You have a patient who is planning to visit a good friend. The patient is looking forward to the visit but with a sense of dread--for reasons that have nothing to do with the friendship.
Why the ambivalence? It's the friend's dog, which is a lovely animal that has never bitten anyone and appears to like the patient. But dread and terror dominate the patient's thinking. What are some of the most efficient ways of treating such problems?
There are probably as many theories about the origin and development of phobias as there are psychotherapies. I have found, however, that we as psychiatrists and psychotherapists can use one of the simplest in vivo techniques to help the dog-phobic patient.
Often, in the context of discussing my learning, philosophizing, and action (LPA) treatment model, I mention in vitro solutions to a problem or disorder. In this case, with guidance, the motivated dog-phobic patient could conquer this problem on his own in the in vivo setting at little or no expense, as would not be the case when addressing in vivo elevator or airplane phobias.
I recall a successful attorney who previously had been in two psychotherapies in an effort to get over his dog phobia: once with a psychiatrist, with sessions that lasted 8 months; and the other with a psychologist, for 3 months' worth of sessions.
Over time, the patient found that many of his adult friends had gotten dogs as pets, as had some of the legal colleagues whose homes he visited. He had spent at least 10 adult years wanting to overcome this phobia. Also, he wanted to conquer his fear so he could get a dog for his family, which included three children.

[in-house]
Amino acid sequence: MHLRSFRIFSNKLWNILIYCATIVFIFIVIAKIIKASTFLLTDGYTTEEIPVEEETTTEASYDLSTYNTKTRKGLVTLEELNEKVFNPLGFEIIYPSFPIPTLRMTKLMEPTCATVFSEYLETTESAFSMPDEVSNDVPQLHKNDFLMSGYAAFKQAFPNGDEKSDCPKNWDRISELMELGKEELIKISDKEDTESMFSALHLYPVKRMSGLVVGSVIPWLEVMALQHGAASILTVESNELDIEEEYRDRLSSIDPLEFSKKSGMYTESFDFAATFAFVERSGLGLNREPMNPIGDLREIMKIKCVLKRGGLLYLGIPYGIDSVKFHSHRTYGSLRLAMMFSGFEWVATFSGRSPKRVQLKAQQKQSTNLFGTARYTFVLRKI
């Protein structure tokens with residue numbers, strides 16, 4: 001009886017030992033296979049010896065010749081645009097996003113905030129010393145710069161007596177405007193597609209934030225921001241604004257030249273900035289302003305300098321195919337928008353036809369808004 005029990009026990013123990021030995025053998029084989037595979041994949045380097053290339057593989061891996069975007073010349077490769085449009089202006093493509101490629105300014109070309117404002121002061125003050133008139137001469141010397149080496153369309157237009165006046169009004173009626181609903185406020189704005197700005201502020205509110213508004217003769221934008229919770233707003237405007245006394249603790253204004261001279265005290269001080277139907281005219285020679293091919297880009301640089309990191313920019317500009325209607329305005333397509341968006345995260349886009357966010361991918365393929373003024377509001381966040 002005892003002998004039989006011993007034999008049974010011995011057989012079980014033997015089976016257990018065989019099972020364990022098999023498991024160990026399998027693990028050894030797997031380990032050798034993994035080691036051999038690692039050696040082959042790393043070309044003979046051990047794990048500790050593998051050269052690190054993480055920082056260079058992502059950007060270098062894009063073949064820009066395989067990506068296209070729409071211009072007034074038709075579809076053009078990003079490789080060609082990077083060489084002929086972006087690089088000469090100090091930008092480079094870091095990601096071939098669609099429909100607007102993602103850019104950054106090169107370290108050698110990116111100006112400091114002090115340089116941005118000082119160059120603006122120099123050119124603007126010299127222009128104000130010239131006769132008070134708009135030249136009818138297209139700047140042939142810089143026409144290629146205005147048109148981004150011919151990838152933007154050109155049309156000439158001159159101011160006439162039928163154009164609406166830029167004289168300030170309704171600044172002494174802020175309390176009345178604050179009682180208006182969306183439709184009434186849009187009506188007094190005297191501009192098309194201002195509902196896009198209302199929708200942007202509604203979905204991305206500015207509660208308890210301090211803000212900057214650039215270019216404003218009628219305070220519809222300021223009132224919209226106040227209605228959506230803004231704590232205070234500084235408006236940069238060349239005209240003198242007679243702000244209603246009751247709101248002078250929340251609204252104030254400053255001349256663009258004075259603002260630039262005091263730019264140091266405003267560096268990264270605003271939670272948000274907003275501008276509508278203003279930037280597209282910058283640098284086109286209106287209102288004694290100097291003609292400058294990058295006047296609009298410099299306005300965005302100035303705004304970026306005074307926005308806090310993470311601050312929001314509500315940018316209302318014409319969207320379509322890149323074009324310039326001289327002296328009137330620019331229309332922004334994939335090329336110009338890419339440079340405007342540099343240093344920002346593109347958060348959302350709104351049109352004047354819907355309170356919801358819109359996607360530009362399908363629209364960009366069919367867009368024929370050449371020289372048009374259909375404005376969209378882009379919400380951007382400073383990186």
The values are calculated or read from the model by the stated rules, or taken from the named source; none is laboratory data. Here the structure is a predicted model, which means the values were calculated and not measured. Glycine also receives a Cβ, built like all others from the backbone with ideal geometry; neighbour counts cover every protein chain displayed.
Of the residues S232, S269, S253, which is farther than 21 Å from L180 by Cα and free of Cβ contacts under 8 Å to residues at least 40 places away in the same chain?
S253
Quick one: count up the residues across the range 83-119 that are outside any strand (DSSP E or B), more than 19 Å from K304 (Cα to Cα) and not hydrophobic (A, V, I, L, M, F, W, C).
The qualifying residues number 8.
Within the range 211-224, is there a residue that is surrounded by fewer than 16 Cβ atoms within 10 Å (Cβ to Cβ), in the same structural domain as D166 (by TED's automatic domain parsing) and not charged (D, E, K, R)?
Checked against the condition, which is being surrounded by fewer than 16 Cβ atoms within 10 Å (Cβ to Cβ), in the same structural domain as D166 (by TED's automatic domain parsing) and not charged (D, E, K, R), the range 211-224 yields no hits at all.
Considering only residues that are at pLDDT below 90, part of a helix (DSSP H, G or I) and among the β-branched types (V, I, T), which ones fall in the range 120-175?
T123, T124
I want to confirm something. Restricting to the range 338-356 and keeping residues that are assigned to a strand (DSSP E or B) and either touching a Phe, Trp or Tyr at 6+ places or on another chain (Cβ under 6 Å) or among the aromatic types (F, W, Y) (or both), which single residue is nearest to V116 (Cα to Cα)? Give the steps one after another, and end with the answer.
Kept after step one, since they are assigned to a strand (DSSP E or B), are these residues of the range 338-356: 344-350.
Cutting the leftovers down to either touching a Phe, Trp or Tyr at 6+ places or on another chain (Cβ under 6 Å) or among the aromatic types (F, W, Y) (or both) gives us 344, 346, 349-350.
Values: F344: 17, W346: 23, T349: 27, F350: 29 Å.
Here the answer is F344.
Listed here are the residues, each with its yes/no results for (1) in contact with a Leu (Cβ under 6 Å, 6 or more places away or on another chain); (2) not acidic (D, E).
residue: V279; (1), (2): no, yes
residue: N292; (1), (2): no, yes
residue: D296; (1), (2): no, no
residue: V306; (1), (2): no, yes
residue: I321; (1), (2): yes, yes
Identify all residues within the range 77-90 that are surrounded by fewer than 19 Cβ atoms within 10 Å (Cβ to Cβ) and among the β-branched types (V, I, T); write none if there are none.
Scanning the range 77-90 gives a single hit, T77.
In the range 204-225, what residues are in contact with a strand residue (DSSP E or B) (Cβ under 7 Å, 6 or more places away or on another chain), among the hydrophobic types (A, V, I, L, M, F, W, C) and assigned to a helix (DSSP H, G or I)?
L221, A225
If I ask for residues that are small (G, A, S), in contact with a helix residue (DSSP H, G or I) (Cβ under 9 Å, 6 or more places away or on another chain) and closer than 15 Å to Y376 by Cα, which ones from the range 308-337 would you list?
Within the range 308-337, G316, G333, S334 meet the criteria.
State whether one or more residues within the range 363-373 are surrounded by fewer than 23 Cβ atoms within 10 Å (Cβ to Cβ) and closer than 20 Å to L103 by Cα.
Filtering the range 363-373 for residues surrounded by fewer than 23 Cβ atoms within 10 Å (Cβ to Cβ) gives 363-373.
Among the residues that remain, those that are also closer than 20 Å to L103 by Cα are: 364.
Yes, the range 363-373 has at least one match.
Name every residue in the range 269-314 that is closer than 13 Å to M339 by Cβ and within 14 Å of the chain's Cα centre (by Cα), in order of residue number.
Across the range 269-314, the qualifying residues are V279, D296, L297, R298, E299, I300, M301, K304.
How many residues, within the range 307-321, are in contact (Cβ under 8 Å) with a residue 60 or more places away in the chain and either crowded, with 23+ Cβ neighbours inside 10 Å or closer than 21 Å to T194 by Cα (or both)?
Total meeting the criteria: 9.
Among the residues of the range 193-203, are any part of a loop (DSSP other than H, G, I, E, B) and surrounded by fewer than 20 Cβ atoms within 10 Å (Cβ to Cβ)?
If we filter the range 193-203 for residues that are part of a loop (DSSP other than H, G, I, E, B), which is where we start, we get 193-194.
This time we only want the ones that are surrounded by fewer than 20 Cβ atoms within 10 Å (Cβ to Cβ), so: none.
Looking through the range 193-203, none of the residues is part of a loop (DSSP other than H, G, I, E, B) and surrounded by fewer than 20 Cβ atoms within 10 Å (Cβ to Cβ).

The psychiatrist had taken the patient back to childhood fears of death by dog bite and rabies. As they proceeded, the patient said he and the therapist examined many fragile aspects of his family relationships in which the possibility of death and dying were overplayed. The patient went along with this approach, even though he had traced his phobia to his mother and grandmother, who had taught him some of their own faulty beliefs.
The patient accepted the tactic for a time. But after 8 months, he gave up, and a year later, he started working with a second psychotherapist. Without much to review, this therapy focused on dog hairs and the patient's fear of choking as being the reasons for this phobia. This, according to the patient, started because when asked about the first phobic response in childhood, the patient reported a lot of coughing during his first anxiety/phobic episode.
He did remember having a bad cold at the time--which the therapist ignored. The patient recalled that he had never found himself coughing again when he felt anxiety-ridden about coming in contact with a dog.
I won't fault the two therapies because they were trying to get to the root of the anxieties that developed into the phobic response. Unfortunately, it may not have been the initial anxiety, coupled with symbolic representations that preceded the phobia, that were inaccurate, but rather, the learned behavior.
The patient's desire to get a dog for his family provided the incentive to seek help for a fear he now believed was irrational.
On our first and only visit, the patient recalled that his memory of fearing dogs appeared directly related to being told repeatedly by his mother and grandmother that dogs can hurt people and their bites can result in rabies. Based on what this man had been taught for years, it seemed natural for him to develop a fear of these animals.
My work with these types of phobias is behavioral, aiming for as rapid a problem resolution as possible. In this case, the patient made clear how he had learned this fear. I accepted his theory in much the same way that we in medicine accept a patient's theories about how they reactivated an old shoulder injury.
With the LPA method, the learning phase was simple; the patient clearly explained it. …